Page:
What kind of experience does one have to have in order to work with wildlife?

To be able to talk to others respectfully, to work in a team environment and be ready for anything. It is also important to be flexible because what you plan to do with your day is not going to be done during that day. You can get lots of experience with animals by volunteering. We have hired volunteers without degrees but a degree in animal science is certainly going to be beneficial. We also have vet techs which have associate degrees. So it’s not necessary, but it is definitely helpful.

In the aquarium center it kind of depends what the position is that you want. If you want to work upstairs at the aquarium, they prefer to have people with animal experience. They actually like theater people because they can communicate with big crowds. When being downstairs with the Center for Aquatic Sciences, I have the science background to help them with the research that they might be conducting. But, I also have the education background to be comfortable talking to people no matter where they are from. So I can talk to kids, big kids, adults and make sure that I am educating different levels. They want to make sure that people are flexible while doing education programs. So maybe the words that I would use in a high school class, I would change those words to say to a first grade class. I would still teach the same content, but I would use different terms to help them make connections. 

What frustrates you the most when it comes to teaching?

I don’t know. I just think about all the stuff that I have to do before I can get into teaching. I have to know a week ahead of time what I am doing to make sure I have earthworms. I had to know last year that I had to order earthworms for this week. Planning could be frustrating but it is important to plan. I don’t have frustrations with anything in school, it’s just frustrated with myself that I can’t get myself organized. That’s what’s really frustrating, is to make sure that all the information is out there, is to make sure that everything is organized.

What questions do you expect to get asked by people?

People ask, “Why do you teach?” I hope I am that kind of teacher where I can say, “Hey, you are good at something.” I hope I treat my students as valuable people, not just students. I want to treat my students in a way that they do feel valued. I try to see everybody as individuals, and try to recognize the talents they have. That’s why I really think I overall became a teacher.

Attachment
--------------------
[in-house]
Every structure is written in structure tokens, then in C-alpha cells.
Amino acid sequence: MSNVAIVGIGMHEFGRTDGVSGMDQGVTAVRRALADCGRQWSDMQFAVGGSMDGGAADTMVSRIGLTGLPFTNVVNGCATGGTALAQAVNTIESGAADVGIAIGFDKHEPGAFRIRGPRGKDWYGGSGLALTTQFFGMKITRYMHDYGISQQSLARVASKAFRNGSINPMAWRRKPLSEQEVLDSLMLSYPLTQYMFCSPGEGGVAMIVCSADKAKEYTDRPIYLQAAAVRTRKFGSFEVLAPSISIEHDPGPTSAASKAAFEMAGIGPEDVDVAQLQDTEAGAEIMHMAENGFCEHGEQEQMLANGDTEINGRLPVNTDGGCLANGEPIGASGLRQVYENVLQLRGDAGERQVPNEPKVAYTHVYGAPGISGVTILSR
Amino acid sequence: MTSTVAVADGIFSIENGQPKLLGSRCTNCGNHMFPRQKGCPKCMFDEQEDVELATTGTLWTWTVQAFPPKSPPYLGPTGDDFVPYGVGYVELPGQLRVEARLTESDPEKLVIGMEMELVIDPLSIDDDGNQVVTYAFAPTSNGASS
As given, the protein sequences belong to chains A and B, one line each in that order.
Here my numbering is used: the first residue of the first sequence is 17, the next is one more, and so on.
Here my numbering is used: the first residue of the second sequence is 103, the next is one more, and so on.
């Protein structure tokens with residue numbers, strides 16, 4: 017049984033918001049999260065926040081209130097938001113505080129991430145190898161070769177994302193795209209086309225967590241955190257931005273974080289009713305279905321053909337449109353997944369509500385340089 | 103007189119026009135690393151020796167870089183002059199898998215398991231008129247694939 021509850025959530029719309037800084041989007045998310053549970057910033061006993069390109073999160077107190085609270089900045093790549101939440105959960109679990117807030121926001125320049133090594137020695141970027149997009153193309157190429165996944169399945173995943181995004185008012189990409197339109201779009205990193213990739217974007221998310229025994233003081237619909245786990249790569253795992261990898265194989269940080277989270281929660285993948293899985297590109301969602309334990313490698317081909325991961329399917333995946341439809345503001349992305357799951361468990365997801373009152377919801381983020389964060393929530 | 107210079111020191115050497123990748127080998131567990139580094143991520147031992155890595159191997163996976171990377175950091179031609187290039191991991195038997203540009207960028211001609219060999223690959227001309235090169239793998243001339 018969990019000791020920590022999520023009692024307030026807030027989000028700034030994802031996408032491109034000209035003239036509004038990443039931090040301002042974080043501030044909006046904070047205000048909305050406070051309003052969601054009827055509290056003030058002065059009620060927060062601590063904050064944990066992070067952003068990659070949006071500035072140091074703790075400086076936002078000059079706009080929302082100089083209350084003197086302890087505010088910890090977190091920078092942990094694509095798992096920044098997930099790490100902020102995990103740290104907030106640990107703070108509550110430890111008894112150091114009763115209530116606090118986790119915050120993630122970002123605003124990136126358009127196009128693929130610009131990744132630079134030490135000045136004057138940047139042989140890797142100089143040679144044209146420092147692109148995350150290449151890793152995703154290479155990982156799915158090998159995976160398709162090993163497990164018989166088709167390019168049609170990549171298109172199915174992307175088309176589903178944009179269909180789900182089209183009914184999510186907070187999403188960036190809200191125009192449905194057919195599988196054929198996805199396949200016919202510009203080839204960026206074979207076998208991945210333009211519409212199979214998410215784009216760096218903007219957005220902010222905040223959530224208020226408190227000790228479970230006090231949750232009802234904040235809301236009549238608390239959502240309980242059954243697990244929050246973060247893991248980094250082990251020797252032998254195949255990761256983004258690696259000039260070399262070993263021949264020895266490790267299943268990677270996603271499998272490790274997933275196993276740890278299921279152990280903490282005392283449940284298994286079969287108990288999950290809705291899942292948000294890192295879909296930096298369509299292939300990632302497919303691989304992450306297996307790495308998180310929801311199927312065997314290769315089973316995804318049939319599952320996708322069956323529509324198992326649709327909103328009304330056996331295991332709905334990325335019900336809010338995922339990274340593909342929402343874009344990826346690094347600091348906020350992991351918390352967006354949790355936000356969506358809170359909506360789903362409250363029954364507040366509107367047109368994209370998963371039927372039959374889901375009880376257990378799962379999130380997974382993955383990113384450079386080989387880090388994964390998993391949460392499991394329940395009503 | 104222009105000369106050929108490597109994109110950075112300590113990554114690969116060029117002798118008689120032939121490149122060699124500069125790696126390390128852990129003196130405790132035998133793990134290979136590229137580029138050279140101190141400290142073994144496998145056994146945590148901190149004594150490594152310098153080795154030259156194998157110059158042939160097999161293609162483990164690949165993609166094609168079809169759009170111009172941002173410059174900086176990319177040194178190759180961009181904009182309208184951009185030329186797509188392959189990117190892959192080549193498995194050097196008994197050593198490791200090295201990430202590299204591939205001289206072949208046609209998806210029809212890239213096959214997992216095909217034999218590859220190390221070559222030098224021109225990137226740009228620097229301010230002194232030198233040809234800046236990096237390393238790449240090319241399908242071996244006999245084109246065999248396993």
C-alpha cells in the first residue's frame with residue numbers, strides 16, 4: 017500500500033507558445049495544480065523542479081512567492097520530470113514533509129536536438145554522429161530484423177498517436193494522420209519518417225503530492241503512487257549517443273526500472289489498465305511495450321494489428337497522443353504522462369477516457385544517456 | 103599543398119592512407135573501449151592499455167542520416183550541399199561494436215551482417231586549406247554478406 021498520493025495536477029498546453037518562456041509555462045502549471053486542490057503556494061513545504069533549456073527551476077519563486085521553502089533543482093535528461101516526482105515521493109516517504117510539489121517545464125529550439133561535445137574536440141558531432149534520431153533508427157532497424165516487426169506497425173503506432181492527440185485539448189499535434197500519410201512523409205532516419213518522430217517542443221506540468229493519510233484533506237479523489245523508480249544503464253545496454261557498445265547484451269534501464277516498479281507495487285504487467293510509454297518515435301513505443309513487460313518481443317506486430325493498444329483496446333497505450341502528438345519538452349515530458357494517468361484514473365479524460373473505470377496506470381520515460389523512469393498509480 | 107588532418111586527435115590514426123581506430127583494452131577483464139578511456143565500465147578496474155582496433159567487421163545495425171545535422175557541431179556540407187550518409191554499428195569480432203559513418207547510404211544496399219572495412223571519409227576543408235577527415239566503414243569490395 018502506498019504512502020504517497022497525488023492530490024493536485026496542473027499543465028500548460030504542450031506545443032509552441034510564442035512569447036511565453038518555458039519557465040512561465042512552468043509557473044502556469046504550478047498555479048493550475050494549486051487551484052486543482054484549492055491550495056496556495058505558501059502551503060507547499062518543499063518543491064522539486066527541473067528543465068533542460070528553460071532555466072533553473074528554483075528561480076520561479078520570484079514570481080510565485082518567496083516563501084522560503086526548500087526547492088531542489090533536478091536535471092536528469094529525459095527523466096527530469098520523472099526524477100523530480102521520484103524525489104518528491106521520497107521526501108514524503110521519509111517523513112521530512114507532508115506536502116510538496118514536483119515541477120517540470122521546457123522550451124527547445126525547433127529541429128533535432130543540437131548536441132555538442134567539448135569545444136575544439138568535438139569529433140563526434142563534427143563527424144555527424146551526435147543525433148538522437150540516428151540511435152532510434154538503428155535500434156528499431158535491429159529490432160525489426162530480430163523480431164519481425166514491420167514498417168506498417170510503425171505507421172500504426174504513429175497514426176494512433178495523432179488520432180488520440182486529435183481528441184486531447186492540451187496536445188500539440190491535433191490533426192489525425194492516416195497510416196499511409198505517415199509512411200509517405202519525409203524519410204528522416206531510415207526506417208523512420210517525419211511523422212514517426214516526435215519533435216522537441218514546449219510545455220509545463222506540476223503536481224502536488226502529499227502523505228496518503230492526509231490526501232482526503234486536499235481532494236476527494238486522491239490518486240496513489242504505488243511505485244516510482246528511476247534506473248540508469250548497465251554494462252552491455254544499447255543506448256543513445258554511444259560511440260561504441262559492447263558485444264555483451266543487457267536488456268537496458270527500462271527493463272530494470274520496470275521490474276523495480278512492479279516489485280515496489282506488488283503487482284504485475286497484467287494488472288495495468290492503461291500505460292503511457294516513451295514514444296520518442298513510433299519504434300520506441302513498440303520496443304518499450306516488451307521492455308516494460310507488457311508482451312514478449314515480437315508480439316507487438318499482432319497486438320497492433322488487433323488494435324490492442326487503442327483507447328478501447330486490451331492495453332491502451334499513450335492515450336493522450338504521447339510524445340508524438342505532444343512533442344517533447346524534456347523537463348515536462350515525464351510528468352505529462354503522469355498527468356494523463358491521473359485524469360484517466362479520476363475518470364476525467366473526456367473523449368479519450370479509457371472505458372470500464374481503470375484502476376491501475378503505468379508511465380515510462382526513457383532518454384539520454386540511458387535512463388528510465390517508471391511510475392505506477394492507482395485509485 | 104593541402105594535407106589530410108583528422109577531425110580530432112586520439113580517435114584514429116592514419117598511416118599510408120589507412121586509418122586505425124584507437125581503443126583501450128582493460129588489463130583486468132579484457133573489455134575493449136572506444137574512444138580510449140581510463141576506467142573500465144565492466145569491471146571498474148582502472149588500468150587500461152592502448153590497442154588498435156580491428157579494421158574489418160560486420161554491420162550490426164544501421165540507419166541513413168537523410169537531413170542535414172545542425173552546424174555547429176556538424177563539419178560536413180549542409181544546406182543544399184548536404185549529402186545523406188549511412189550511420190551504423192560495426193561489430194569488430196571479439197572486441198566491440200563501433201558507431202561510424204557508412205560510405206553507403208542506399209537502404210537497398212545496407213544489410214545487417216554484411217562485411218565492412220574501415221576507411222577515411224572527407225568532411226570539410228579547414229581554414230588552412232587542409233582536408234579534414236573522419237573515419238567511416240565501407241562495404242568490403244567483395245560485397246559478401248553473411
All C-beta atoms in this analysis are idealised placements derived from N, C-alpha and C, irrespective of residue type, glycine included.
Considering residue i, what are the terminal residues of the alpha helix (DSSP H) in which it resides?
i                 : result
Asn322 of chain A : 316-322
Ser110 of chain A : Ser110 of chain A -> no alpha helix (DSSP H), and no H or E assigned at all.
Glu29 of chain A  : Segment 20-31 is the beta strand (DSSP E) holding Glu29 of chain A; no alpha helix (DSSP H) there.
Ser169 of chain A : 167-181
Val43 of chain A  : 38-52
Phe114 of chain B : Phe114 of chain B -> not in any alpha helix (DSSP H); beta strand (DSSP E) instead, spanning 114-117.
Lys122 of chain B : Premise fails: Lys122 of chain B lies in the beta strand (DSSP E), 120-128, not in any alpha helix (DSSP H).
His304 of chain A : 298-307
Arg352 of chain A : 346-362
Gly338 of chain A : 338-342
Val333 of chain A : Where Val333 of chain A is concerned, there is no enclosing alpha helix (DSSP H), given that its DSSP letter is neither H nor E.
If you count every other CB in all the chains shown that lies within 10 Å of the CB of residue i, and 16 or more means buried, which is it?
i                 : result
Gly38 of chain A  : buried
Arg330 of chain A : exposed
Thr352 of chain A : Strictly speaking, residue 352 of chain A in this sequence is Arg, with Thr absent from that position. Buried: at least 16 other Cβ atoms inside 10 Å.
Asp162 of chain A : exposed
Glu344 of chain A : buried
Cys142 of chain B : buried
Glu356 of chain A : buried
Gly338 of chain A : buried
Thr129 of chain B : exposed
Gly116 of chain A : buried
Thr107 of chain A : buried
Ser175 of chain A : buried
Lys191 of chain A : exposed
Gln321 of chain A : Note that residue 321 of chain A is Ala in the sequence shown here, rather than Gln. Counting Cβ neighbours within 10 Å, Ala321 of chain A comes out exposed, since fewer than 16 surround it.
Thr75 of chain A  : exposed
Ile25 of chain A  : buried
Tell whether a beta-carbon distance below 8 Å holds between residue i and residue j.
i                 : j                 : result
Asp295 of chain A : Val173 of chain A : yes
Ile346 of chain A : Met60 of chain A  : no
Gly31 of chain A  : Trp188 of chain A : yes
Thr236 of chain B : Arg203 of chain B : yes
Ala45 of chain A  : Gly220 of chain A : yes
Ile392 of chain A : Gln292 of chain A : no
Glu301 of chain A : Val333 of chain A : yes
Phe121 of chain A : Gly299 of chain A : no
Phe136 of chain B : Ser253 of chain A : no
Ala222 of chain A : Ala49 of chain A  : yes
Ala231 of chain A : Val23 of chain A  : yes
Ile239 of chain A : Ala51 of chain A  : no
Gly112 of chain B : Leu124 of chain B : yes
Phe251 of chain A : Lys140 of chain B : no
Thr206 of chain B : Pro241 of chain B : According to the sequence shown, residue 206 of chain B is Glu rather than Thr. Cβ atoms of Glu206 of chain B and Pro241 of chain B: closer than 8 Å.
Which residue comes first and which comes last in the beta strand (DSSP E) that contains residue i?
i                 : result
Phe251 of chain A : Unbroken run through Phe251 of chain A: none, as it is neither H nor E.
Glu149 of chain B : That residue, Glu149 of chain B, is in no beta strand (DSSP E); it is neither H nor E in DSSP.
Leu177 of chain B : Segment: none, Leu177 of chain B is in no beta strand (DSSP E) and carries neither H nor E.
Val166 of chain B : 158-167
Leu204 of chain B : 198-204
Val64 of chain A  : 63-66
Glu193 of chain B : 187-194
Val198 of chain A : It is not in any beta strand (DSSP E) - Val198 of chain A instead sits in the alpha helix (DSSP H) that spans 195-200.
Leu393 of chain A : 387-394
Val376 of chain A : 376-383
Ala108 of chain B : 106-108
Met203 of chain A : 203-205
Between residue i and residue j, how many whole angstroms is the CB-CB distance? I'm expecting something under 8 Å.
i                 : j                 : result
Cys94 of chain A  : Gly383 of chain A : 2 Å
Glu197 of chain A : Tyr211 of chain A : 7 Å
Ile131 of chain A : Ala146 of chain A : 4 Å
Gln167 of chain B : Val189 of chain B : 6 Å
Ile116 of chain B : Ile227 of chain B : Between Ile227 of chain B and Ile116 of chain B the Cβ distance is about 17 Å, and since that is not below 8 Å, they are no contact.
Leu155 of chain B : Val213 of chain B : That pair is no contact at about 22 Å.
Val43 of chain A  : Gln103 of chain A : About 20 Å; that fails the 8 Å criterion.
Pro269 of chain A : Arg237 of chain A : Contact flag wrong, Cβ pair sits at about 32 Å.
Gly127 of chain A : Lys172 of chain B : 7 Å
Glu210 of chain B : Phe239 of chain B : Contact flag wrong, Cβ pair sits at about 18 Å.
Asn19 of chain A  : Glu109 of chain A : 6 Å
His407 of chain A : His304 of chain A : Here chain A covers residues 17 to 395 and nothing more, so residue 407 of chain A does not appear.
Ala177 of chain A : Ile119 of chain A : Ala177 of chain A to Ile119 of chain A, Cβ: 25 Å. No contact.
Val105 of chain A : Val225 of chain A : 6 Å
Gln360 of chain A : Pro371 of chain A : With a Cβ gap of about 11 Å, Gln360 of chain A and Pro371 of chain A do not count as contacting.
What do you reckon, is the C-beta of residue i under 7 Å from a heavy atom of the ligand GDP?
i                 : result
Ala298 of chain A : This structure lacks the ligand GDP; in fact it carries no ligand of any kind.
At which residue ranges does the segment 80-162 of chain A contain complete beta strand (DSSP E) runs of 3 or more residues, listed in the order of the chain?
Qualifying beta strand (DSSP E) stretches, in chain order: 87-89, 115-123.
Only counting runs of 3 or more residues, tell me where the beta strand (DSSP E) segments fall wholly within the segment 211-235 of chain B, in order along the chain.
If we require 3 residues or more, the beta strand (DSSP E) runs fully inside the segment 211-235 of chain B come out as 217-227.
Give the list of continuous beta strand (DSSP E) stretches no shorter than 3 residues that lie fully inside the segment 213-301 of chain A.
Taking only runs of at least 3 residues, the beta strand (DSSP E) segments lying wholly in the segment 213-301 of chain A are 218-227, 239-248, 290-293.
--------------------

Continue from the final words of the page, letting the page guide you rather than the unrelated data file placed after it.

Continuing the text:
As a science teacher they ask the craziest things. Once people find out I am an animal person, they just ask me anything about animals. I am like, “I don’t know everything about animals, but I will tell you everything I know about animals.”

“Every individual matters, every individual has a role to play, every individual makes a difference.” This quote by Jane Goodall, what does it mean to you? 

Jane Goodall was one of the first women of science that I was introduced to. Her research was with gorillas and chimpanzees. She was chosen for her award because she was very compassionate. She found herself in a position where she could make the world better. Her research portrayed that no matter how big or small people thought about wildlife, especially the gorillas; she found that they can communicate, she found that animals talk to each other, they have their own language, they have dynamics that are similar to us. 

Even though I think of this as Jane Goodall, every individual matters, this goes for animals, every individual has a role to play that goes with ecosystems and every individual whether it is a plant, insect or whatever, makes a difference; but then it also translates into education. So if you go through a regular school day and think of parents, teachers, students and everyone in school, just all the things that we go through throughout our day, all of you matter. All of you are part of what we are doing right now and each and every one of you make a difference in somebody’s day. Not only does it translate to ecosystems, science and animals; think about how many different people that we come across in our daily lives, that’s why I picked this quote for my education tagline.

It ties into research, but it ties into our day. She always speaks in kindness, instead of saying,“Stop being like this.” She is like, “You matter, everyone matters, it does not matter the differences among us, we are all part of what is happening right now.”

We can choose to make a difference and everything that we do does make a difference whether it’s positive or negative. Just imagine kindness to animals, some people are not kind to animals. But then you think about kindness to the person sitting next to you, and the person that you have never met and the person in the lunchroom. It is all about being kind. It really is an impactful quote.

What are your suggestions for future scientists?

I want future scientists to do whatever they think needs to be discovered. Like I said, I did the research on the silliest thing, handedness in snakes; is it going to make the news, “No” but was it something that was never done before, “Yes”. If you have questions, answer it with science. Go for it. See what’s already been done then try and answer your own questions. Conduct your own research, don’t just take somebody else’s words for it. Conduct an experiment, find out what the results are, and ask other people to join in.